Monday, August 02, 2010

How to Get a 4.9% Yield from Goldman Sachs or 6.7% from JP Morgan Chase

Let say that you are an income investor. You own plenty of utilities and plenty of high income stocks, but you want more diversification. And maybe you also want some inflation protection. Where do you turn?

How about Adjustable Rate Preferred Stocks, which hold a senior position to common shares and pay a dividend that usually has a minimum rate, but will also be adjusted upward if interest rates rise. There is no growth potential in these preferreds that you would normally get from common shares, but if you are investing for income and you have your inflation protection, what difference does it make. just came out with its list of adjustable rate preferred stocks, also known as ARPS, and lists several with great CD beating yields. A good example is the Goldman Sachs Group preferred D shares (GS-PD) (GS-D) with a $25 par value and minimum payout rate of 4.00% based on the par. The yield is based on the 3 month LIBOR + 0.75% and isn't callable until 5/24/2011. (The three month LIBOR is about 0.48%, so the adjustable rate wouldn't kick in until it gets up to about 3.25%. Because the stock is selling below $25, it provides a yield of 4.91%. If you by the Goldman Sachs (GS) common stock, you would only receive a yield of 0.9%.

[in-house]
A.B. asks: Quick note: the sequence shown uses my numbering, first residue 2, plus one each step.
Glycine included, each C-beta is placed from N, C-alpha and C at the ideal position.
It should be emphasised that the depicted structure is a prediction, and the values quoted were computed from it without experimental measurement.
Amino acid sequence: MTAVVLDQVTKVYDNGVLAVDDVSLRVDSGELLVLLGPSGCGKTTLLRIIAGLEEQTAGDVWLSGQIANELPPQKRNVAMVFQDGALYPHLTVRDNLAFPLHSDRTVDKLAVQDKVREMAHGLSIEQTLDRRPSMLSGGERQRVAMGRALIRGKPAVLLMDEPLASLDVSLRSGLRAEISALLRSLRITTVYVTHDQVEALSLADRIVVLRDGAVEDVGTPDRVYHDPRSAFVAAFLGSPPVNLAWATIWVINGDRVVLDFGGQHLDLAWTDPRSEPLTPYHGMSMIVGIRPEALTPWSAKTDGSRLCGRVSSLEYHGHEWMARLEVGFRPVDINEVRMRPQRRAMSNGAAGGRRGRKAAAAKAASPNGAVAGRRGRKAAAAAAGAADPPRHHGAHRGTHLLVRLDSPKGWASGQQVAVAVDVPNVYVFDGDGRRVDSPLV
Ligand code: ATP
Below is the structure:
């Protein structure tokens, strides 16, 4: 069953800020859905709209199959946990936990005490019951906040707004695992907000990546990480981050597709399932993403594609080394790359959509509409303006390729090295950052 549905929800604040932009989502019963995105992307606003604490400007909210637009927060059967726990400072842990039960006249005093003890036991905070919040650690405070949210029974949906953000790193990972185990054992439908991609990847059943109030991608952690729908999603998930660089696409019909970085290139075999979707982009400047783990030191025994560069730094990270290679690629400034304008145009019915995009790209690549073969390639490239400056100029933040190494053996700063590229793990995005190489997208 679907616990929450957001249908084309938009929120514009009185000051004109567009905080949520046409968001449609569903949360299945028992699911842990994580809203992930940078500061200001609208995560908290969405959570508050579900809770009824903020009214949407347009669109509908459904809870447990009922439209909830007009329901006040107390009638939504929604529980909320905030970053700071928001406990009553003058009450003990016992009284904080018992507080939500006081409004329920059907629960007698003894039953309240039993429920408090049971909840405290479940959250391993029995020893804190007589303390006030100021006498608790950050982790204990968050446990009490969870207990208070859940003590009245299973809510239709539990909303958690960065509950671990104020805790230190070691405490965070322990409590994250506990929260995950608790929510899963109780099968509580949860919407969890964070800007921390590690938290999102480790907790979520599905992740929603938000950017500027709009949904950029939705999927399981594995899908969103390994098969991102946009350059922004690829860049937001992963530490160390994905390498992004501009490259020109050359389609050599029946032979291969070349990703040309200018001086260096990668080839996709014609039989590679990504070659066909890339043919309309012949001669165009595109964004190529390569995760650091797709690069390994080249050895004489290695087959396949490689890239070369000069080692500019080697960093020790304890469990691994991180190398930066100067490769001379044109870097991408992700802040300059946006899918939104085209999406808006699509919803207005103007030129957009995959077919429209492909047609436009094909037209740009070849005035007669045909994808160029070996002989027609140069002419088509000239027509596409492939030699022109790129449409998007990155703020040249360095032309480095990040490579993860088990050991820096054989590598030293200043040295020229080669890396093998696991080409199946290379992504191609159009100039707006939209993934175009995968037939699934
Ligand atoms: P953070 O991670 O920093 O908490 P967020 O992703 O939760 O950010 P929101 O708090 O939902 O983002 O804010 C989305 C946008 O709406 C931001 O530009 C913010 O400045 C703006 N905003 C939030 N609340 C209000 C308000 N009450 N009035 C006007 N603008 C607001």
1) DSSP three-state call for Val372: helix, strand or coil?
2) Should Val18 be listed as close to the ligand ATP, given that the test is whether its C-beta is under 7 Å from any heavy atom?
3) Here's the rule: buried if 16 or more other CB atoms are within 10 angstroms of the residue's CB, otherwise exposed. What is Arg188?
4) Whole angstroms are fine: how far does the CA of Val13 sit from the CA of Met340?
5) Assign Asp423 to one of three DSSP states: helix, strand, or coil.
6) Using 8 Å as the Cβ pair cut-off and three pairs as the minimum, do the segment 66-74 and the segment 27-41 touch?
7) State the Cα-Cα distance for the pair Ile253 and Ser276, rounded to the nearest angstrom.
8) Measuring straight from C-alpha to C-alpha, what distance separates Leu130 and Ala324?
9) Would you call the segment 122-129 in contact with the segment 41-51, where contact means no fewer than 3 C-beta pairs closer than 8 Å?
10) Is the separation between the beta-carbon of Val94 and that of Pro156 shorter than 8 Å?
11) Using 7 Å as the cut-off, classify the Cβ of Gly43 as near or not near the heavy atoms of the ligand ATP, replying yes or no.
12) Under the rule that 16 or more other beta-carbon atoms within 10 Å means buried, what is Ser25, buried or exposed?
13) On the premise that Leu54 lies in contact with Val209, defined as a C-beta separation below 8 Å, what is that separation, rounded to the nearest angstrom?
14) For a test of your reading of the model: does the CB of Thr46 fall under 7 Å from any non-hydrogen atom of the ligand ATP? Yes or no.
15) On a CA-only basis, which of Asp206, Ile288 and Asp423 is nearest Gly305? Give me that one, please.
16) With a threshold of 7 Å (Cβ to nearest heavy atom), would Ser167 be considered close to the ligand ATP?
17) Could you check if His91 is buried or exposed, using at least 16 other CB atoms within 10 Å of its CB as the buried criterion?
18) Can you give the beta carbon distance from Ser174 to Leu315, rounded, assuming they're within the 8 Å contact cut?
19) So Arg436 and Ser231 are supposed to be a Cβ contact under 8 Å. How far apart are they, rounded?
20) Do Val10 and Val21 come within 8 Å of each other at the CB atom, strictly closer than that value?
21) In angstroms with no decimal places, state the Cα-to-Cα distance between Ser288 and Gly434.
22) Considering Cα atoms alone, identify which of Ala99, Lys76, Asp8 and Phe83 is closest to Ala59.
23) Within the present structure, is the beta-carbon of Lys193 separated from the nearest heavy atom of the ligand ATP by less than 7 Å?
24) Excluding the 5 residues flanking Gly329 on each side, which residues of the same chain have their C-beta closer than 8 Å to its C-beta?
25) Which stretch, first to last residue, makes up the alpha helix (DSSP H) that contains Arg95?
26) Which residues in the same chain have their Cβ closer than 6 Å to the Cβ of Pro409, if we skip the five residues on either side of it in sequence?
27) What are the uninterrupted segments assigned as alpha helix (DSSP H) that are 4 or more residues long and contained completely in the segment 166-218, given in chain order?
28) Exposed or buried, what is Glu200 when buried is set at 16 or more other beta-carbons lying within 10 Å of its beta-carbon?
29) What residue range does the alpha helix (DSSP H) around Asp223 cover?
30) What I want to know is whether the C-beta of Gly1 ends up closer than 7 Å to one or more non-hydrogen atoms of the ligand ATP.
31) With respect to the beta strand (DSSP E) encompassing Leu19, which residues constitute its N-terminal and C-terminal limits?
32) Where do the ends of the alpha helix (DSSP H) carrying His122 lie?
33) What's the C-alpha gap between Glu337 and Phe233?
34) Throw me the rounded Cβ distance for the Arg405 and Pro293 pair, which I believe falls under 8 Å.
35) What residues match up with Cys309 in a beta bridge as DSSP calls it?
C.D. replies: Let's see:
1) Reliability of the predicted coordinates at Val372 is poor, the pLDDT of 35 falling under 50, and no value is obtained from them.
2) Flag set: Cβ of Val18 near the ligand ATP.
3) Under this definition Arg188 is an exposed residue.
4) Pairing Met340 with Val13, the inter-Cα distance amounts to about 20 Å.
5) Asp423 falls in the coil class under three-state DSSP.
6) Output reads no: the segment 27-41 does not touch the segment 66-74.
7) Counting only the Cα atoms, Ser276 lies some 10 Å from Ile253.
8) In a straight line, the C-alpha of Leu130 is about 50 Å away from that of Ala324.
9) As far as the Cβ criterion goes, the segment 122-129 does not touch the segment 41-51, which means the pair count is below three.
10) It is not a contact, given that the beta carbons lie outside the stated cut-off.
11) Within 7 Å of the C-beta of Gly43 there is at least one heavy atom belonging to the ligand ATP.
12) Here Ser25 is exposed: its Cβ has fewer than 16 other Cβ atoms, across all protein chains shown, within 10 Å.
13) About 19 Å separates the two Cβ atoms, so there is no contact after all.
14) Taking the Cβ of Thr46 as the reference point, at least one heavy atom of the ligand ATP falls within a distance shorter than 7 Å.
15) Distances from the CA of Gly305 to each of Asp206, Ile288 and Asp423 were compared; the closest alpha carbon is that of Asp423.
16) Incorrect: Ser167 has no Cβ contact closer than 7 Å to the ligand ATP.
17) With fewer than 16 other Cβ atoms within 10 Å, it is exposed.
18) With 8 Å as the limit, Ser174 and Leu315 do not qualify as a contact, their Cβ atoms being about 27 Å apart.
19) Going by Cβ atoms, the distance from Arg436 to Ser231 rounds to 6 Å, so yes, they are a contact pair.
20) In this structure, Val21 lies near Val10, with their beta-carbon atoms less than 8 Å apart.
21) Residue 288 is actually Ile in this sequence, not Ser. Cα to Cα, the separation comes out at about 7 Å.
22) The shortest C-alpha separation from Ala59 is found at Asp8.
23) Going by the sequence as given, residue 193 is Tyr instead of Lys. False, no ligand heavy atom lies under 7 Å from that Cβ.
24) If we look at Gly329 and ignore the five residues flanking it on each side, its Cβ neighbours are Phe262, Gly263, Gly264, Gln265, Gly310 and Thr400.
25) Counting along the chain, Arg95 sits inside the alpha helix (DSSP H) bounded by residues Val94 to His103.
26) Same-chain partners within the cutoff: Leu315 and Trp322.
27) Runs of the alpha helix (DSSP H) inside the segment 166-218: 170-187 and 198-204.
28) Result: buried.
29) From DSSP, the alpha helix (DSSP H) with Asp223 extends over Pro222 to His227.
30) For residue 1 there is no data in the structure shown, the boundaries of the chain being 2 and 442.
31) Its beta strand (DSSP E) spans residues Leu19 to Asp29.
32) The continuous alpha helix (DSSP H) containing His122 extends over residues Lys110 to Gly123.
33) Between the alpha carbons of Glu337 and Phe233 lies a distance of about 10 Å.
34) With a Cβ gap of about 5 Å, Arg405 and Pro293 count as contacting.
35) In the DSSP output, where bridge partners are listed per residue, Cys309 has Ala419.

Another ARP with an even higher yield is the J P Morgan Chase Capital preferred B (JPM-PB) (JPM-B) shares with a $25 par value. Payout is based on the 3 month LIBOR + 4.46%, however, it pays 7.2% until 12/22/2014, and at that time, would have no minimum. It does not qualify for 15% tax. The current yield is 6.76%. If you bought the JPMorgan Chase (JPM) common stock, you would just receive a yield of 0.5%.

If you want a list of about 20 adjustable rate preferreds, with yields ranging from 1.83% to 8.59%, go to

A couple different stock symbols are shown for the above preferreds because the symbol varies from brokerage firm to brokerage firm.

Author does not own any of the above.


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